This month has seen no proper long trips on the Ducati Scrambler Classic, mainly as I’ve been away every weekend doing something or other with my old bikes. Consequently, my friend Sarah has been taking up the slack on the Scrambler, clocking up plenty of miles and being able to offer another rider’s opinion on the motorcycle.
Having passed her test in 1995, Sarah went on to ride a multitude of sports bikes over the next five years before a new line of work rendered it near impossible to find time for motorcycles. So, after a decade of not riding, the question was whether the appeal of the Ducati Scrambler Classic was sufficient to get Sarah back on two wheels more regularly ? Judging by her appraisal of it, you’d like to think so.
“The low seat height made me feel instantly confident on the Scrambler Classic,” said Sarah, “and I wouldn’t consider lowering it. I would change the clutch lever span, though, which challenged my fingers even when the span was adjusted to its smallest. Initially, I found low speed take off wasn’t particularly easy, with the clutch quite harsh and sharp. Also, neutral is not always that easy to find unless you’re rolling. Out on the road, I found it doesn’t like being in too high a gear through corners, so you need to change down nice and early and make sure you drive through them.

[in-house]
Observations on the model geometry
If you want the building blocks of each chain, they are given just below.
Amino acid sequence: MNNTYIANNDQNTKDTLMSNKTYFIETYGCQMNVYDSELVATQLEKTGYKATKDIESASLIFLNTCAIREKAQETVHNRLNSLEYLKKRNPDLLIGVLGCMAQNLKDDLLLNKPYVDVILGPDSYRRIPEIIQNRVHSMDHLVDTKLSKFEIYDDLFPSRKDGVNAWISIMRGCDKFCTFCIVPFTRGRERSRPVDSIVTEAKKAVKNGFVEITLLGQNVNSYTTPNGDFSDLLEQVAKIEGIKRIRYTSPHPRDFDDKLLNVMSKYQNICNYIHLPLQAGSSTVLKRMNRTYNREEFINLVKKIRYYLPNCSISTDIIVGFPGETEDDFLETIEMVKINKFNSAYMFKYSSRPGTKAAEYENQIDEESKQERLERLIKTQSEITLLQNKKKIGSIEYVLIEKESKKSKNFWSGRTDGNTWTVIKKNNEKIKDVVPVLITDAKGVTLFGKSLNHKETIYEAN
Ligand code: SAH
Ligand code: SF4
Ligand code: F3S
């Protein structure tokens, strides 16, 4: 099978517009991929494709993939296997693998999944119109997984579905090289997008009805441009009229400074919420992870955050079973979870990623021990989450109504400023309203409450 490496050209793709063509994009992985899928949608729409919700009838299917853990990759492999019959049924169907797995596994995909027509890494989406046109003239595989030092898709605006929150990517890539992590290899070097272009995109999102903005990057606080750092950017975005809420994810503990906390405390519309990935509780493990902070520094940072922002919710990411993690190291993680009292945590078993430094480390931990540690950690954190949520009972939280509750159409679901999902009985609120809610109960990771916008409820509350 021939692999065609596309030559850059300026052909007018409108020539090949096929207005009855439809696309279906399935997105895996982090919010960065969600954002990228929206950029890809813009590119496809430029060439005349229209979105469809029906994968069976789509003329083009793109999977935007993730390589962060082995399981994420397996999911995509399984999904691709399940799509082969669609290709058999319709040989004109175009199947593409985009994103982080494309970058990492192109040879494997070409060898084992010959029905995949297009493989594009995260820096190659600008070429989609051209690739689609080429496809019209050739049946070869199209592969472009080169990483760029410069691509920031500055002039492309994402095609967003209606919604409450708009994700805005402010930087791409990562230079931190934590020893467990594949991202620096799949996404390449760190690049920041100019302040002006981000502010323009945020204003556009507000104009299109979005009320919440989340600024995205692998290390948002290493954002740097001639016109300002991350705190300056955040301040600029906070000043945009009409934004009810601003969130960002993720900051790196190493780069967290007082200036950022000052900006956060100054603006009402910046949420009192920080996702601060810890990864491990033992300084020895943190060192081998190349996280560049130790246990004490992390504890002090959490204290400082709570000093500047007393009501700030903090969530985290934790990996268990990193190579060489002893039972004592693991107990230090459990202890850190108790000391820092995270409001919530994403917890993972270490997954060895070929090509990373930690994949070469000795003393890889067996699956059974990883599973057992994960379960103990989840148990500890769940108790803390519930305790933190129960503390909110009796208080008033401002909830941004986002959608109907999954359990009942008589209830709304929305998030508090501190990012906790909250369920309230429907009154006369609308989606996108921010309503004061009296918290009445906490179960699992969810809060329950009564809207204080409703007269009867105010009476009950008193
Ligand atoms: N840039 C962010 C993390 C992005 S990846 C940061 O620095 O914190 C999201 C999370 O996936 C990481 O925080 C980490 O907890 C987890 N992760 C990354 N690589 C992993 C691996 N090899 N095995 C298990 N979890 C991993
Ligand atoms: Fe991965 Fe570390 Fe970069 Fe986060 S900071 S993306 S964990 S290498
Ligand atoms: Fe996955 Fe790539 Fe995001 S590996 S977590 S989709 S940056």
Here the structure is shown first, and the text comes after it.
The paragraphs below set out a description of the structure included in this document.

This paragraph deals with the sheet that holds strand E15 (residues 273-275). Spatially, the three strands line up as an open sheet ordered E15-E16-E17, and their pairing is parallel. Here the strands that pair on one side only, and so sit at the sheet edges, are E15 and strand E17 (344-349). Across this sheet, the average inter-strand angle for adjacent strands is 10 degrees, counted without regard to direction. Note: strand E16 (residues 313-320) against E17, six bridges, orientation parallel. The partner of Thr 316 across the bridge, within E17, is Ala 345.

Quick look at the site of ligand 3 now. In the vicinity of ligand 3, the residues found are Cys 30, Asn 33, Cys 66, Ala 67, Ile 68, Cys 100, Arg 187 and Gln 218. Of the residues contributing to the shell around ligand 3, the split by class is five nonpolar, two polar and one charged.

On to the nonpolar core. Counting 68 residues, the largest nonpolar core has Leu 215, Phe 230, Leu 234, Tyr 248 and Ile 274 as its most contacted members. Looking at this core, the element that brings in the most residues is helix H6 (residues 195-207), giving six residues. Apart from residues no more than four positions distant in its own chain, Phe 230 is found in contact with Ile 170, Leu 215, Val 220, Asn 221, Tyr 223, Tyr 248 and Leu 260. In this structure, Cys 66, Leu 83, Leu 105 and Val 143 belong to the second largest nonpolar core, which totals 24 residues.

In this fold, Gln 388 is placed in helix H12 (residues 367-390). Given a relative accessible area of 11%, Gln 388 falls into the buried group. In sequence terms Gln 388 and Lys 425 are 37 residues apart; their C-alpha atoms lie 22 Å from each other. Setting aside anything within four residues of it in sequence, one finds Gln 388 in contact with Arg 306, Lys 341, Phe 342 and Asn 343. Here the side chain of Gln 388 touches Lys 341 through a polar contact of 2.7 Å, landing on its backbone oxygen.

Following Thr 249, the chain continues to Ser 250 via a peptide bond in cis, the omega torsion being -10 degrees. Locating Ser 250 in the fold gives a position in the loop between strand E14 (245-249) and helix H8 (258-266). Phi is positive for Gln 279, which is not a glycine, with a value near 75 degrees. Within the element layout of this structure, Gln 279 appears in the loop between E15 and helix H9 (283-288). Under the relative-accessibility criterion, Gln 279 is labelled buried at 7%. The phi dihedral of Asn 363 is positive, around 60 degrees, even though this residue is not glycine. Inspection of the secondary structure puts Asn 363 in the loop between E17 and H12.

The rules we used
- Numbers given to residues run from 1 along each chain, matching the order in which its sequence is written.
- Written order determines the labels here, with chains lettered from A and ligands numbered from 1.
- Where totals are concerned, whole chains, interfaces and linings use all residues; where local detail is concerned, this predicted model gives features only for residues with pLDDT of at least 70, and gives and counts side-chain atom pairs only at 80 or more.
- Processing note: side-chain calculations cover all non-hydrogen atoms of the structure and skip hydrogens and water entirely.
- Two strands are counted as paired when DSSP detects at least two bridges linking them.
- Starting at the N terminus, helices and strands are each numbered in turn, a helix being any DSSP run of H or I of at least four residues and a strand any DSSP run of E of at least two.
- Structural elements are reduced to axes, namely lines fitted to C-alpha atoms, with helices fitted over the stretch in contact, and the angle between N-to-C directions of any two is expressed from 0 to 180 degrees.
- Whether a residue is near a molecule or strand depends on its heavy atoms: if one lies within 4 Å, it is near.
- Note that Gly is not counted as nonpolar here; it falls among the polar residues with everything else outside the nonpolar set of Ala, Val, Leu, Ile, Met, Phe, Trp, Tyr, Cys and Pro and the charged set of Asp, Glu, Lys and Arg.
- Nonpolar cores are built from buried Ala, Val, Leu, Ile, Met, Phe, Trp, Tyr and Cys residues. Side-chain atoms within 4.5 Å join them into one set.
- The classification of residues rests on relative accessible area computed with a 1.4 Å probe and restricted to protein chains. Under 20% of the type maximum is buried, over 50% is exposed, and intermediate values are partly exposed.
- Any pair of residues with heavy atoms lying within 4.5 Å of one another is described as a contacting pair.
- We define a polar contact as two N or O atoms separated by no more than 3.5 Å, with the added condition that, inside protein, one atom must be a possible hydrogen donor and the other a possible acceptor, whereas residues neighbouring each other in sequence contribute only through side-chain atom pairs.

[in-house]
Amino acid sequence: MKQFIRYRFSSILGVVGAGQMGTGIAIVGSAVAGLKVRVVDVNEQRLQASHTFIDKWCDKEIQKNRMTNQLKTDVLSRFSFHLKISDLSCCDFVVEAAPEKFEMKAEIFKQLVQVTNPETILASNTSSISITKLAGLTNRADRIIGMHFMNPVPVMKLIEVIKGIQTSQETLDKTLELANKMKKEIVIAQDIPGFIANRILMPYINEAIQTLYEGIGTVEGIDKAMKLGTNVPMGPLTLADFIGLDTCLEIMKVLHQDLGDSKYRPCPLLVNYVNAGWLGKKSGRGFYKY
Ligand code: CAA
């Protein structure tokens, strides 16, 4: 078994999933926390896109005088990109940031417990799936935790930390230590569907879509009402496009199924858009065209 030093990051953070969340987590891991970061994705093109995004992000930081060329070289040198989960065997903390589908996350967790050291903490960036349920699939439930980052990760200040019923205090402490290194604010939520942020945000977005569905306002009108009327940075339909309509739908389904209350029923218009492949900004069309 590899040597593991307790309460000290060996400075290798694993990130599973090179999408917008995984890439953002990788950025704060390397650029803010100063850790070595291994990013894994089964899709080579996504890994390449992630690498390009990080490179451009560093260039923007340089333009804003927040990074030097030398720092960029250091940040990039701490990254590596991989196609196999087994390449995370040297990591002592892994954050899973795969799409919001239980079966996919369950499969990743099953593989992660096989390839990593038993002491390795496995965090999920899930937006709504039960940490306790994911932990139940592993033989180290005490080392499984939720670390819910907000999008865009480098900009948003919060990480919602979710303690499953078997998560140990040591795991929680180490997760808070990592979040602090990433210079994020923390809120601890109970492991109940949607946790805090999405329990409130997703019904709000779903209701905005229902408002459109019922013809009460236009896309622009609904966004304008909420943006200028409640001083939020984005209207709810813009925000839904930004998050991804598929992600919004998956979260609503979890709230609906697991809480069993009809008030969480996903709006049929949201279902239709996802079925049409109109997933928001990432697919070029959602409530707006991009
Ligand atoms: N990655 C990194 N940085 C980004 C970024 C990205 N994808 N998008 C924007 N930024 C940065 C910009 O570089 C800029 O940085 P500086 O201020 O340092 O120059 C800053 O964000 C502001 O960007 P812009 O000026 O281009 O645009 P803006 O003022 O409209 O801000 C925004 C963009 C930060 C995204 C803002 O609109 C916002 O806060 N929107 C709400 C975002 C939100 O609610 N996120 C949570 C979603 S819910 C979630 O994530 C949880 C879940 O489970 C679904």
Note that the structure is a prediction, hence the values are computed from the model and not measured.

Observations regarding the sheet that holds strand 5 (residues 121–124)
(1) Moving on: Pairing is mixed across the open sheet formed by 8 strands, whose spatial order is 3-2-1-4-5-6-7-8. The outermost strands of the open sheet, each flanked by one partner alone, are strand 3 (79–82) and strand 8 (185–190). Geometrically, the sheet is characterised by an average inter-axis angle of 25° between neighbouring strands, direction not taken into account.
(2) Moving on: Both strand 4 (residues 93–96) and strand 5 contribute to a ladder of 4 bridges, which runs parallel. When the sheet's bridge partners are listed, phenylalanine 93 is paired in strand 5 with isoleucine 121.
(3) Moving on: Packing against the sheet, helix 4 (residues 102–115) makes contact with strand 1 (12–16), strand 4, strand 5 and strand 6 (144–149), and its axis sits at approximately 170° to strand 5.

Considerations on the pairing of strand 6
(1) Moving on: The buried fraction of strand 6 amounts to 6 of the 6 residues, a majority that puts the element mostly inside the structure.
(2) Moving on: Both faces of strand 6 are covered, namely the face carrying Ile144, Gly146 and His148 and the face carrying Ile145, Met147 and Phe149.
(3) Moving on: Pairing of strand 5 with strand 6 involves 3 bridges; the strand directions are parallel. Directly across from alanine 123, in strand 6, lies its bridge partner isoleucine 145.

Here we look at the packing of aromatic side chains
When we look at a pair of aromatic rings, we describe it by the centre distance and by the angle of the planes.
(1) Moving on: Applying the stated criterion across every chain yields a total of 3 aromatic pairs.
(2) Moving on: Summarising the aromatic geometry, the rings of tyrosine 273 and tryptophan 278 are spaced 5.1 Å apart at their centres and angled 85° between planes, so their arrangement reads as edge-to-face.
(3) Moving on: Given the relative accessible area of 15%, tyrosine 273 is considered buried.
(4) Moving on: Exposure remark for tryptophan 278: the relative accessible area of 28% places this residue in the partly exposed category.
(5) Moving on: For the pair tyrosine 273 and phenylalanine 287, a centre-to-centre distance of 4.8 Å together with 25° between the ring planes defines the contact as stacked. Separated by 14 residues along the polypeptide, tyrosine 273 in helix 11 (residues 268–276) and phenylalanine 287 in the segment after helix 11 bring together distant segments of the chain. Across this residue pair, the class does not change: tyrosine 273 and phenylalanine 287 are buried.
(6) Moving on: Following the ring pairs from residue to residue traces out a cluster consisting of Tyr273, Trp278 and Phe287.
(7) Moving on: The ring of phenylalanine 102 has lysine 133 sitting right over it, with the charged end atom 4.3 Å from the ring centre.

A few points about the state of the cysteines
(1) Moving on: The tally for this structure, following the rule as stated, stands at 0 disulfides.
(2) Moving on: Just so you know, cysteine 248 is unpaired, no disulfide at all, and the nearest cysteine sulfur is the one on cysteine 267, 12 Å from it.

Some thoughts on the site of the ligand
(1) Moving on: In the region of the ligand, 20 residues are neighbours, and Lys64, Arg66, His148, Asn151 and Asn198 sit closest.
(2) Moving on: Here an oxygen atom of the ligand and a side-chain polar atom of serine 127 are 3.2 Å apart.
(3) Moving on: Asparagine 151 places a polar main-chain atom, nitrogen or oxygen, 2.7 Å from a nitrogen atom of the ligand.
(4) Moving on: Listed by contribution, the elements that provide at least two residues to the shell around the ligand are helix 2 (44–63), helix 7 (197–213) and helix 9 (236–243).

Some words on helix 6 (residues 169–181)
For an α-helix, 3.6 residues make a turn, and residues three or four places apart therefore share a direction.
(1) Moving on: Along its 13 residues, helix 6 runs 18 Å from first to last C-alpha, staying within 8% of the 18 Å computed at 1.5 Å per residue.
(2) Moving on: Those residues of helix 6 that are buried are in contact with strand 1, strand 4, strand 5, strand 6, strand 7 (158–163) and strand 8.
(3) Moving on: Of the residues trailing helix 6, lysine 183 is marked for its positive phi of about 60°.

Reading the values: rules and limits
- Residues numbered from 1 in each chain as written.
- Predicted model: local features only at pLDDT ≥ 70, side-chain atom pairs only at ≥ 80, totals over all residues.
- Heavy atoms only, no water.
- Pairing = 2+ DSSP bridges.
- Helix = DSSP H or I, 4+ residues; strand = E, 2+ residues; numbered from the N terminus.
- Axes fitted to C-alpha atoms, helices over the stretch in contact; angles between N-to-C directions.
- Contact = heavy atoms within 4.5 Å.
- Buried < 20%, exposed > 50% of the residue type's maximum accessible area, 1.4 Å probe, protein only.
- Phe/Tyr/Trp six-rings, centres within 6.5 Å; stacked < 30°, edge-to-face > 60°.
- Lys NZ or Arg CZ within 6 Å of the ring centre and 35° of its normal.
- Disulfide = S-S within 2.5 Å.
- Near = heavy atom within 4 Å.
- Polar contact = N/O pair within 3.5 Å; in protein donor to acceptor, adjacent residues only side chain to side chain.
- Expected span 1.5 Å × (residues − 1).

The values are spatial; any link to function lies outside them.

“I think I was expecting a bit more torque. It soon got easier, though, and I settled into the Ducati Scrambler Classic quite happily. The sit-up-style was quite new to me. It does encourage a much more relaxed manner of riding, though, which I found I liked. You can cruise along happily without it begging and urging to be pinned at every opportunity. The retro styling also won it a few extra points. I guess I really liked it.”